Hey guys. So Road Redemption's PC version hasn't been updated since July. While this isn't a very long time to go between updates for an average game, we try to update more frequently.
So why no updates for over a month?
Basically, there was a problem in the Unity 5.0 engine that's causing (infrequent) crashes. We didn't want to release another update until the issue was fixed, because whenever we release an update, it inevitably leads to an uptick in new players and an uptick in existing players. We didn't want to expose more people to the crash.
This Unity 5.0 crash is a well-documented problem, as you can see here. It only affects games that use Unity's wheel colliders, and the more wheels a vehicle has, it seems, the less likely it is to happen. To my knowledge, we're the only Unity PC game that features motorcycles, meaning this crash is not likely to happen at all in games that aren't Road Redemption, and even we only very rarely see it. After dozens of hours of testing, we've only been able to get it to happen once in our office, but multiplied over tens of thousands of players, that's a lot of crashes.
I want to emphasize the fact that we're not trying to denigrate the Unity team here. Compared to literally every other game engine I've ever used (4-5), Unity's engine upgrades have been the smoothest and bug-free. Unity 5.0 was a huge physics overhaul, and the wheel colliders underwent the biggest transformation of all the physics objects. The Unity team has been very responsive since we brought this issue to their attention, and we've worked together to fix it.
It looks as if the crash has been fixed in the latest unity patch, so we're planning to roll out another update very soon.
Planned features for the next Road Redemption update:
- Better animations for driving while holding a gun
- Animations for drawing and holstering weapons
- New enemies
- Overhauled AI to make enemies more aggressive
- Overhauled difficulty balancing
- A new system to encourage players to attempt to beat every single mission, rather than just crawl to the finish line.
- A new "quick race" mode, where you can choose from individual race missions outside of the main campaign
- Vastly improved crash physics
- ...and much more!
What about online multiplayer?
We're working on it! In fact, we've beefed up our dedicated multiplayer staff last month, so progress is happening at twice the speed it has been.
What about console versions?
We're working on these too. The biggest issues with consoles right now are performance optimizations. Consoles are cheaper than PC's for good reason, and what runs well on a mid-range gaming PC, can run very poorly on a console, especially things that are CPU-heavy, like physics. Road Redemption has a lot of physics.
What about the Linux version?
A linux/SteamOS version is coming very soon. Maybe in the next update.
What are your thoughts on Virtual Reality?
Kindof a tangent, but ok. I think motion sickness issues will make this a very limited technology. You simply can't make a FPS in VR without making a large part of your audience want to throw up. Look up the vestibular system and its connection to the occiptal lobe of your brain if you want to understand why.
Sure you can make 3rd person games with limited camera movement. You can make games where you sit still and control a turret. You can make any type of game that doesn't require you to move much, really. But based on the lack of success of 3d TVs and the 3DS, I'd say that the average consumer isn't willing to strap on a headset just to make his gaming experience more immersive, if it means he's unable to play the genres he actually likes.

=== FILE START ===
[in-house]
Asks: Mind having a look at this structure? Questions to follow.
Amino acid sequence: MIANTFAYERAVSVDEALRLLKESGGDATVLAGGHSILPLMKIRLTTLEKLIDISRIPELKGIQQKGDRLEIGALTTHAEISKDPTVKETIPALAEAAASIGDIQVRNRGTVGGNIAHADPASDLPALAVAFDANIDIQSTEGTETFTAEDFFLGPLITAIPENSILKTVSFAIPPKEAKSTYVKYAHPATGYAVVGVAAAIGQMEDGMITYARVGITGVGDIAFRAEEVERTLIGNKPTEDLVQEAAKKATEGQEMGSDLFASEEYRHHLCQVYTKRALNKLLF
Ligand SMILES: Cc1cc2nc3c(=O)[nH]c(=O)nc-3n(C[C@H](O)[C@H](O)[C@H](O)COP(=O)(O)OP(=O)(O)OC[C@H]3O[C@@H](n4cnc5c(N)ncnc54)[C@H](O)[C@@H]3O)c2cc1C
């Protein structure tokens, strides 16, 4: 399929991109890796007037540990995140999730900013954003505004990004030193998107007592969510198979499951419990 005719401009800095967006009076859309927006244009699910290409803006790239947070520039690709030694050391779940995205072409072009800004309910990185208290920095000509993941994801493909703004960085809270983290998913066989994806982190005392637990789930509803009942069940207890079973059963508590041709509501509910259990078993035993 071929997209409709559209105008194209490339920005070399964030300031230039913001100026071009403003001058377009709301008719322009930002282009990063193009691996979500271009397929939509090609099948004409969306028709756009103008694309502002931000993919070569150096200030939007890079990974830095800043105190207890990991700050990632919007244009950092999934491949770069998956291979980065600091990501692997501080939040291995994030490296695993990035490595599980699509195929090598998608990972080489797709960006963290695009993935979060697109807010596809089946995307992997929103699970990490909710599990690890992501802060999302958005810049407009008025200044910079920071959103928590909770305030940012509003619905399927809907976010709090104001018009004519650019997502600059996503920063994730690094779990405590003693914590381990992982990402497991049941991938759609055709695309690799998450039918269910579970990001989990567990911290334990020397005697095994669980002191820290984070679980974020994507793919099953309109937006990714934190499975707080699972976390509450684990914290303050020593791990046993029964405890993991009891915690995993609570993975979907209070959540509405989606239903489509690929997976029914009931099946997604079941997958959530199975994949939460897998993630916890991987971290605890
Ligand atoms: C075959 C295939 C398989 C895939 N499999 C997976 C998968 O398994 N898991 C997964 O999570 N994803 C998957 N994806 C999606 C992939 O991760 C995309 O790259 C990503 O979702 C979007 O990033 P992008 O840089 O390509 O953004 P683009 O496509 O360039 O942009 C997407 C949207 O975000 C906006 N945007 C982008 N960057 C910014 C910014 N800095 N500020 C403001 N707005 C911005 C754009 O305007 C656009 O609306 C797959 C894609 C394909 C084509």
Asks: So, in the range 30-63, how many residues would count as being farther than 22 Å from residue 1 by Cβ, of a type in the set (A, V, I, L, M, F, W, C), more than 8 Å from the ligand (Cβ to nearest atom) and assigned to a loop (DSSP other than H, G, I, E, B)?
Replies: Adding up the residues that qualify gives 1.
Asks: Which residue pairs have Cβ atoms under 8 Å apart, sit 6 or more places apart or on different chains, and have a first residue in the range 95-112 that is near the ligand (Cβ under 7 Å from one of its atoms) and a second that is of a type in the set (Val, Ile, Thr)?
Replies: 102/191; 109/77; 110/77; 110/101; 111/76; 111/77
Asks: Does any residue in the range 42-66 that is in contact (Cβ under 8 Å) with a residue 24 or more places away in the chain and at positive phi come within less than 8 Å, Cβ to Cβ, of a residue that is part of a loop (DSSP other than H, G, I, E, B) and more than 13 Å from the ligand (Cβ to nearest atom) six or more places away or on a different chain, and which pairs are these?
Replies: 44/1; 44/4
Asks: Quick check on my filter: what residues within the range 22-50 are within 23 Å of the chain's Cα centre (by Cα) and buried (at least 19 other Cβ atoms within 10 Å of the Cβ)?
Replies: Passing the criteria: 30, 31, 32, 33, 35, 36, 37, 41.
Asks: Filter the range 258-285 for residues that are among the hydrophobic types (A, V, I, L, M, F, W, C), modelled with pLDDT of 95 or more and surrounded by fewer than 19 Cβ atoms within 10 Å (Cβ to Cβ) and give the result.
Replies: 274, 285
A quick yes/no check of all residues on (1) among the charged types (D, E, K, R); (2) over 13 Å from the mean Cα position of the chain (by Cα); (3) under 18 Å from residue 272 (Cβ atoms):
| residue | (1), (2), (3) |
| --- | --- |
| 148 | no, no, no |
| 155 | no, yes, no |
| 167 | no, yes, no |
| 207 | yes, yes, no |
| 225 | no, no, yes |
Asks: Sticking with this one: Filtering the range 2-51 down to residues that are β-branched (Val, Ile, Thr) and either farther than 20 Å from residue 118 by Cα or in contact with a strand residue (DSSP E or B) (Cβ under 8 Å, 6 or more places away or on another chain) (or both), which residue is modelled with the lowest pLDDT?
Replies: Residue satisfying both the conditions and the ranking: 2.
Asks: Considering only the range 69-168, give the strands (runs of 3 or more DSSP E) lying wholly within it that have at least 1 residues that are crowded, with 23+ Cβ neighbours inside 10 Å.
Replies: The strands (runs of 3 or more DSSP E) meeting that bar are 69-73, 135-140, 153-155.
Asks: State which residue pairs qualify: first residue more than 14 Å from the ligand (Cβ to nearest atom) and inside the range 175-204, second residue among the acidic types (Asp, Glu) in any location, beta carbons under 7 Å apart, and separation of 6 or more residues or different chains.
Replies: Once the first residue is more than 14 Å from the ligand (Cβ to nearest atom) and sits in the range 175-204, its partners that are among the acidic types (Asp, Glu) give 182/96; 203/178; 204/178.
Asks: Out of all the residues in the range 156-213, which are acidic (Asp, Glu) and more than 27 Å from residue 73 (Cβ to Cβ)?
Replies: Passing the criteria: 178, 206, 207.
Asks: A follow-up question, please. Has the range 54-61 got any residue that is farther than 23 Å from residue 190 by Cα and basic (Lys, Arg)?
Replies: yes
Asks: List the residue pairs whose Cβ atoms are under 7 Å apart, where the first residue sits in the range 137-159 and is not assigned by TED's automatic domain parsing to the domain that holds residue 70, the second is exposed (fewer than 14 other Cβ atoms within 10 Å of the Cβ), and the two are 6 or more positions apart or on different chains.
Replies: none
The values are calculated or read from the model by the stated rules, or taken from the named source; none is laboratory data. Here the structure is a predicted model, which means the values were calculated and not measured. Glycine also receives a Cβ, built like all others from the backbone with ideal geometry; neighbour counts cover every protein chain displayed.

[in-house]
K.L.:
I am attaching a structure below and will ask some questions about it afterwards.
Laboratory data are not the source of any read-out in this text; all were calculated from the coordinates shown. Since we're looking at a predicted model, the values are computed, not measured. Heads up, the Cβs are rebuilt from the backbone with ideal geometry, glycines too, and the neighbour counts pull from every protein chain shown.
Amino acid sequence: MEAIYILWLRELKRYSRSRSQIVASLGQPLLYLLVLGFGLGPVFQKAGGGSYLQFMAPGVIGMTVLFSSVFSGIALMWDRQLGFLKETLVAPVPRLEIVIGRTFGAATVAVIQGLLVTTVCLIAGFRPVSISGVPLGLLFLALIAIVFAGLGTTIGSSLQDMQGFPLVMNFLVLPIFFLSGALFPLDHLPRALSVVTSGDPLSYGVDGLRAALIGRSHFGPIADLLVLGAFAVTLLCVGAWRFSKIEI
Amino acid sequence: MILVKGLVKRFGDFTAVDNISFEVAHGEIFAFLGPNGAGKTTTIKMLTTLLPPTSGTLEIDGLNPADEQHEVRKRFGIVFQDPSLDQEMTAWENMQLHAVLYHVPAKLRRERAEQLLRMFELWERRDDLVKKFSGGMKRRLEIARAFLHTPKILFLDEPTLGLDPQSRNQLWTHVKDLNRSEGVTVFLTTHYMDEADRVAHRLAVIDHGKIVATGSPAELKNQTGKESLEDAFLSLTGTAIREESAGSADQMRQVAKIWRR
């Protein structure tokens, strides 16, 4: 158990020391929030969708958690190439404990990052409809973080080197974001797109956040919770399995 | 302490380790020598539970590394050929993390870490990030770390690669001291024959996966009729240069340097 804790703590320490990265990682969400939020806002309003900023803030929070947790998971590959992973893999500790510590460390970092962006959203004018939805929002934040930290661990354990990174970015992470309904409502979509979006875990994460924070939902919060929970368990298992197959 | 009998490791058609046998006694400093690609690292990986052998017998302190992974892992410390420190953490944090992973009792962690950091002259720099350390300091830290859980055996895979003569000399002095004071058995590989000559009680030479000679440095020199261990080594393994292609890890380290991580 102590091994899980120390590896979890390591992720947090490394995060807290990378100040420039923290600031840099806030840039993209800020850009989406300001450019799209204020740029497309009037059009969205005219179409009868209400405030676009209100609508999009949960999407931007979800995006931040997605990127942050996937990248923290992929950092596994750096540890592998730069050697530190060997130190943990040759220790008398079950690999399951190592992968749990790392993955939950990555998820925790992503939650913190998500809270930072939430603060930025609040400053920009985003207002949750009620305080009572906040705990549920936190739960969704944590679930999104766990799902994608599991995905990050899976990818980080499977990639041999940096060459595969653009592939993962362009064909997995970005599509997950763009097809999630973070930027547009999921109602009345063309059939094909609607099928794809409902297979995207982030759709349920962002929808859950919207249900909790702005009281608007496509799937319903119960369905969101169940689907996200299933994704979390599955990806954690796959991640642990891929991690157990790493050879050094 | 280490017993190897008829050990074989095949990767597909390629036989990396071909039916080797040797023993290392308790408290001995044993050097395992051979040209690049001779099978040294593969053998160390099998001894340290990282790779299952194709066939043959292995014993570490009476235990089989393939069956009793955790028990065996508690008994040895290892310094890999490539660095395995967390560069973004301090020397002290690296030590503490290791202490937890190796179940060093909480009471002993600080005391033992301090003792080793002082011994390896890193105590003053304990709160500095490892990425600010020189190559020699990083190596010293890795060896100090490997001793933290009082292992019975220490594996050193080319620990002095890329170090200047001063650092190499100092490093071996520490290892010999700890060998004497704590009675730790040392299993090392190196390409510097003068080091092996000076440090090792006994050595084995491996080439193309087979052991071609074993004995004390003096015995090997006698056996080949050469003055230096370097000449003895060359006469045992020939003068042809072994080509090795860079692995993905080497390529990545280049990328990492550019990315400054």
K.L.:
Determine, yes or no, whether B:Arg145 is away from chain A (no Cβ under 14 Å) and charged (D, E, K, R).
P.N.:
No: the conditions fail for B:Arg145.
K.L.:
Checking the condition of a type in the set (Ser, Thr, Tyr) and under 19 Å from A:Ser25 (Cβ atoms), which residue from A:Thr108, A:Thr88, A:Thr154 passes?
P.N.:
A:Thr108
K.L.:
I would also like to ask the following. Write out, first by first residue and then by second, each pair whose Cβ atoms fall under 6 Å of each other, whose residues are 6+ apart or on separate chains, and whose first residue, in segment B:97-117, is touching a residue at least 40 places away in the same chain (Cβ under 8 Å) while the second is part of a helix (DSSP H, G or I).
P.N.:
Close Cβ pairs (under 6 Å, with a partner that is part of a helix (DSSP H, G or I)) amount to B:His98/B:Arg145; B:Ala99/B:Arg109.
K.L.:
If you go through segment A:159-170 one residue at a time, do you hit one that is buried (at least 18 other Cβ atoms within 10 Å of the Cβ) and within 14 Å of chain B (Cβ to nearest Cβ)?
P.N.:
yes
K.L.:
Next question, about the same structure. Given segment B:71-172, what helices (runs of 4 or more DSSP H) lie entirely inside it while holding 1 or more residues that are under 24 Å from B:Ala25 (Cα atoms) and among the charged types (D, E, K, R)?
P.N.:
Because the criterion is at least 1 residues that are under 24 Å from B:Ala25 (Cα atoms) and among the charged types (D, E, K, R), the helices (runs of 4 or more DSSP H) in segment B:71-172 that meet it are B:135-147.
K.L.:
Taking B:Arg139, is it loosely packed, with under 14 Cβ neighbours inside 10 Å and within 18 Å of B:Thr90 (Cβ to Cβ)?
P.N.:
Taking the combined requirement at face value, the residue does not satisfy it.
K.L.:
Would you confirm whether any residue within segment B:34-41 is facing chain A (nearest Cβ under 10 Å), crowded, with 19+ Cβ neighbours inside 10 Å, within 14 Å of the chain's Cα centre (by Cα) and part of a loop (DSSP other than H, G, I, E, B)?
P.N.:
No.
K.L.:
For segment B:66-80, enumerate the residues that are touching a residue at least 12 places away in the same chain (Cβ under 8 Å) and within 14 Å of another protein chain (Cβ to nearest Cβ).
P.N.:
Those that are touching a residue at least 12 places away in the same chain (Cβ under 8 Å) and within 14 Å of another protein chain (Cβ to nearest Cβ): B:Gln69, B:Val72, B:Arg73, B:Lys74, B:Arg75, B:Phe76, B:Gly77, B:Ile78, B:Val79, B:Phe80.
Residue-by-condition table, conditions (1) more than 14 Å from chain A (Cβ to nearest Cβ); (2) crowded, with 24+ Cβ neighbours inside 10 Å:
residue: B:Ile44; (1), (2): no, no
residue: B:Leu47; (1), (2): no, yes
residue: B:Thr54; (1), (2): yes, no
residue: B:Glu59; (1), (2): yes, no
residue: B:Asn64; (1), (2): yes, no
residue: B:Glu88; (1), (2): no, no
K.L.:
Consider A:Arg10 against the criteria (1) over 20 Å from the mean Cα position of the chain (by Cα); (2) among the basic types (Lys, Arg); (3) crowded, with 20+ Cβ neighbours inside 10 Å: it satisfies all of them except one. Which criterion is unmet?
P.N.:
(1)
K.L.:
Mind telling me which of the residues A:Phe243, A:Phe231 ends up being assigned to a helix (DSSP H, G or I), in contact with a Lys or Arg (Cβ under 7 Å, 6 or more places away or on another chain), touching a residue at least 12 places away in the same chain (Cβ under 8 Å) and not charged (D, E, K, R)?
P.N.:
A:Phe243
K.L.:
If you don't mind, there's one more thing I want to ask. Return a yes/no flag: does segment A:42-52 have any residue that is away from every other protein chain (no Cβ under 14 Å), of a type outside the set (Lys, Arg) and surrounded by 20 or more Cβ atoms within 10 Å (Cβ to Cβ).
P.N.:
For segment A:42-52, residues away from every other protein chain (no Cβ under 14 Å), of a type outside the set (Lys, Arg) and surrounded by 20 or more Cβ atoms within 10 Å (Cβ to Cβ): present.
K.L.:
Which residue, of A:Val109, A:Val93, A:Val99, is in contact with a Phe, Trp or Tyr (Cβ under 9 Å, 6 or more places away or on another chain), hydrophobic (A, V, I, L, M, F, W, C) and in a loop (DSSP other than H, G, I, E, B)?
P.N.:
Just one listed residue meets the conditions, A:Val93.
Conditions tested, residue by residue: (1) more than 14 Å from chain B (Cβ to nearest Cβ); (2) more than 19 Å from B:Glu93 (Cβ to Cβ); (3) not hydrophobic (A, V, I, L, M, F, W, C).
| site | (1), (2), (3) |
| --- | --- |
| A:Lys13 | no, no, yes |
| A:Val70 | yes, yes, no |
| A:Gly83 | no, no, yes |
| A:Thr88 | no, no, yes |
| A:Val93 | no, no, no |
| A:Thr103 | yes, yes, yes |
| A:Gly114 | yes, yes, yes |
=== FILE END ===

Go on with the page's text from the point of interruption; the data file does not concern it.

But maybe first person melee combat games could be the thing that makes VR a success. With VR's stereoscopic effect and wide field of view, this genre could finally take off. These types of games also don't necessarily require quick linear or angular acceleration, so motion sickness will be minimized. If VR has a chance of becoming mainstream, I think it's first person melee combat games that are gonna make it happen.
What are your thoughts on gaming today?
Not really Road Redemption related, but ok.
I'd like more games to offer you the ability to skip the on-rails scripted story mode entirely. I want to be able to play through Far Cry 4, get all the upgrades, and just play the base invasion missions. I want to be able to play through all of the Witcher 3's monster hunts without having to have 3 billion inane conversations first.
With very very rare exception, videogame linear story segments suck. Videogame writing sucks. Videogame cutscene direction and blocking sucks, and quite often videogame acting sucks too. Does it suck compared to a highschool play? No. It's competent. But it sucks relative to most TV and movies, which is the standard it ought to be held to.
In this age of unlimited entertainment options at our fingertips, watching a videogame cutscene means that I'm not watching Rick and Morty or Whiplash or Birdman or reading The Martian on your kindle, or enjoying one of the thousands of great movies, tv shows, and books that this world has to offer. So when a game like The Witcher 3 makes me watch a boring cutscene just to get to the thing it does well (its gameplay), it's detracting from my entertainment and wasting my time.
What's the solution to this problem? I'd say cut down on noninteractive cutscenes, because no one is ever going to make them a real priority: not game developers, not publishers, and not even game reviewers. Unless your game is entirely story driven (like a TellTale game), reviewers will always forgive lackluster cutscenes if the gameplay is good.
So there's my rant on that.
Road Redemption update coming soon.